In order to explain a phenomenon that he didn’t understand, Lenin drew up a flawed theory about capitalism having changed in its essentials. It was flawed because it insisted that the antagonism between rich countries was not only brought about by this monopoly stage, but also that this antagonism would at the very least be a constant across the decades to come, or would even intensify. This was, of course, spectacularly wrong. Karl Kautsky turned out to be more correct than Lenin on this issue, in that he predicted that what you would get is cooperation between capitalist countries, not competition. We are still suffering from the consequences of these misjudgments on the orthodox Left.
A third mistake was that they grafted this theory onto an equally flawed theory of the bourgeois revolutions. The theory that Lenin and Leninist parties then upheld was one saying that a true bourgeois revolution is led by an authentic national bourgeoisie that has two characteristics: it is anti-feudal, just like the French bourgeoisie and the English bourgeoisie supposedly were, and it is anti-imperialist. They always held the idea that it had to be anti-feudal. Now they added that it also had to be anti-imperialist. And because you cannot have socialism until you’ve gone through a capitalist stage, the proper thing for revolutionaries to do is to assist this national bourgeoisie in its fight against imperialism and feudalism.
On the basis of this reasoning, Lenin and the Soviet Union, the latter particularly after 1945, lent support to nationalist movements that could be quite backward and right wing, as long as they were fighting against domination by a Western country in some way. So, for example, the insistence that the Communist Party of China support Chiang Kai-shek and his Nationalists, because they represented the “national bourgeoisie.” The justification was that by withdrawing from the imperialist chain, they would weaken the global capitalist system. Again, this was completely wrong.
The countries that were led by right-wing nationalist movements never tried to withdraw from the capitalist system. They ended up actually crushing their own workers’ parties using the language of nationalism. The Leninist parties weren’t very successful in opposing this because they held and abided by the same language.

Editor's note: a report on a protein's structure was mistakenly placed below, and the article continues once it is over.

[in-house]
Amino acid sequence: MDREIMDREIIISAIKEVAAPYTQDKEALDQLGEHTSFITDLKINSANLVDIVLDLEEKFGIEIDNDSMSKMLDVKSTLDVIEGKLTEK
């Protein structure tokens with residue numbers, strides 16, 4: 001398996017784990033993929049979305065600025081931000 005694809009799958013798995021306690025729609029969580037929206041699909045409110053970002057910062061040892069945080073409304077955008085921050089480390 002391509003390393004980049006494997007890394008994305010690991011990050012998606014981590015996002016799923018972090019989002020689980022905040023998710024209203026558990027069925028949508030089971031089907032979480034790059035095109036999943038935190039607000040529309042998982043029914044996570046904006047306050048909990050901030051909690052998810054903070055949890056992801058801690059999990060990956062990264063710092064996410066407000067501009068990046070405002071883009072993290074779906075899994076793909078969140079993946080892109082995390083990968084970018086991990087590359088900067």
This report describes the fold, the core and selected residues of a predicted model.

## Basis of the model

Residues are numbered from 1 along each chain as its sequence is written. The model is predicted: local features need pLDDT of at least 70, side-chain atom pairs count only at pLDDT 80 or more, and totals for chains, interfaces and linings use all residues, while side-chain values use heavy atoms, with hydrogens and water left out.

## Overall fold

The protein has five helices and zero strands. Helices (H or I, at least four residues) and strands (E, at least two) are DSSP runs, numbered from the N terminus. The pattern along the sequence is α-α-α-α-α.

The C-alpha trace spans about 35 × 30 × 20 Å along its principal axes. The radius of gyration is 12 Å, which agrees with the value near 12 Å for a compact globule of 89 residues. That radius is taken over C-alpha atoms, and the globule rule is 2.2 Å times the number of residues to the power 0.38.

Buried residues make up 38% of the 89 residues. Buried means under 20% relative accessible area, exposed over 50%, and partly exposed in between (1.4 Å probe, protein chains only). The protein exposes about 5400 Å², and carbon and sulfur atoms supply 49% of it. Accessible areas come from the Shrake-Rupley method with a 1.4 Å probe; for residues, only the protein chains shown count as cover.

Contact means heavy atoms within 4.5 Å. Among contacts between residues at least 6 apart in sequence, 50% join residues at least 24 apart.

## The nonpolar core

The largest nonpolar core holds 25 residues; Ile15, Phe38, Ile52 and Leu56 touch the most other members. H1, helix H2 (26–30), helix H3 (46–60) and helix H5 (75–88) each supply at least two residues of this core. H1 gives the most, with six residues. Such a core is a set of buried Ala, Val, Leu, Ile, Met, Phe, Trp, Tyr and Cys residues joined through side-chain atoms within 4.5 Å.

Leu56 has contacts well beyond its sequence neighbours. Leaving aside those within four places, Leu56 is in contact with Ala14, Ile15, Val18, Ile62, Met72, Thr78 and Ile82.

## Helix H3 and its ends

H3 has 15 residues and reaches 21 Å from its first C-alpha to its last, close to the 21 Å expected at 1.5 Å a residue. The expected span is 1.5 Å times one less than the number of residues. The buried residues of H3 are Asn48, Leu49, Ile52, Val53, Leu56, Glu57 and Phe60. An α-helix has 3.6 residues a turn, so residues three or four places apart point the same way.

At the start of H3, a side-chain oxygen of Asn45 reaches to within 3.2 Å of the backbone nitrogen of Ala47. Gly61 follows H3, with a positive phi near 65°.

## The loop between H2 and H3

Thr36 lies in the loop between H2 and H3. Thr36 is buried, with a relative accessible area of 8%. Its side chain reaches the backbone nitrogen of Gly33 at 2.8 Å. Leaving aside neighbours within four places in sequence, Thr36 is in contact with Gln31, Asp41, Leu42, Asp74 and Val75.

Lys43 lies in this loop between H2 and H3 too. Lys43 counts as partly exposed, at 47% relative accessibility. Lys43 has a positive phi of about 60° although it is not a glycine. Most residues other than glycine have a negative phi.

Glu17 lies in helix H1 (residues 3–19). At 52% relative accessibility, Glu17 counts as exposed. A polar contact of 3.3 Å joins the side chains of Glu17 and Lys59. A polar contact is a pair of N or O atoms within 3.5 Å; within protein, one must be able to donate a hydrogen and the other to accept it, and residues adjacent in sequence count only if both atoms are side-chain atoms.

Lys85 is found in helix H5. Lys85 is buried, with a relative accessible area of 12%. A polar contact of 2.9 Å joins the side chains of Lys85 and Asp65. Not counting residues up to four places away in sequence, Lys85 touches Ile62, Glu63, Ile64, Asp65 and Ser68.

The Leninist theory of imperialism is still used as a justification for Third World nationalism, which is not progressive in character. Some of the largest communist parties still abide by it, like the Indian, South African, and Philippine. This has been disastrous. The justification is: “We must first fight imperialism, then we’ll settle the national question.” But you can’t — you always have to fight both fights simultaneously.
You don’t hold the domestic class struggle in suspended animation while you’re fighting your imperialist enemy. There’s always a tussle going on as to which class will define the terms on which you gain your independence from colonialism or from imperialism. In this regard, the Leninist legacy did a lot of damage.
What’s ironic here was that Lenin was entirely correct in his criticism of the German Social Democratic Party and of the Second International, their decision to vote for the war, and of the workers’ parties across Europe that lent their support to it. So his political conclusion was right. He was entirely correct in saying that the Third International should support every anti-colonial movement in its entirety. But the theory of capitalism underlying it was flawed. You can come to the same political conclusions using a more accurate theory of capitalism, and of capitalism at that time. And that theory of capitalism can also help you avoid some of the more catastrophic errors around nationalism that the Left committed in the postwar era.
Was Lenin more incorrect about the inherent tendency of capitalism toward a monopoly stage? Or was he just wrong about which stage global capitalism was in at that particular time?
In my view, these are all empirical questions, so we shouldn’t turn them into an orthodoxy. The error was in thinking that capitalism, as it matures, veers toward a monopoly stage. Capitalism, as we’ve known it so far, has always had very powerful impulses toward eroding monopolies, not toward constructing them. It has remained competitive throughout. We can’t predict the future, and maybe there will be a time when you see monopolies taking over the economy, but it hasn’t happened yet.
What you do see is certain sectors becoming vulnerable to monopolization at certain times, and there are some sectors which are always vulnerable to it — sectors which even mainstream economists realize you need to regulate, like certain natural resources. But that doesn’t mean that the system as a whole has become fundamentally monopolistic.
There was tremendous work done by economists in the 1960s, ’70s, and ’80s looking at data on competitiveness, profit rates, and profit margins. The most important work here was done by Anwar Shaikh, but there were others as well, and I think this question is fairly well settled among Marxist economists by now. It has been established that both in Lenin’s time, but also in the late twentieth century and into the early twenty-first, there has been no system-wide tendency toward monopoly.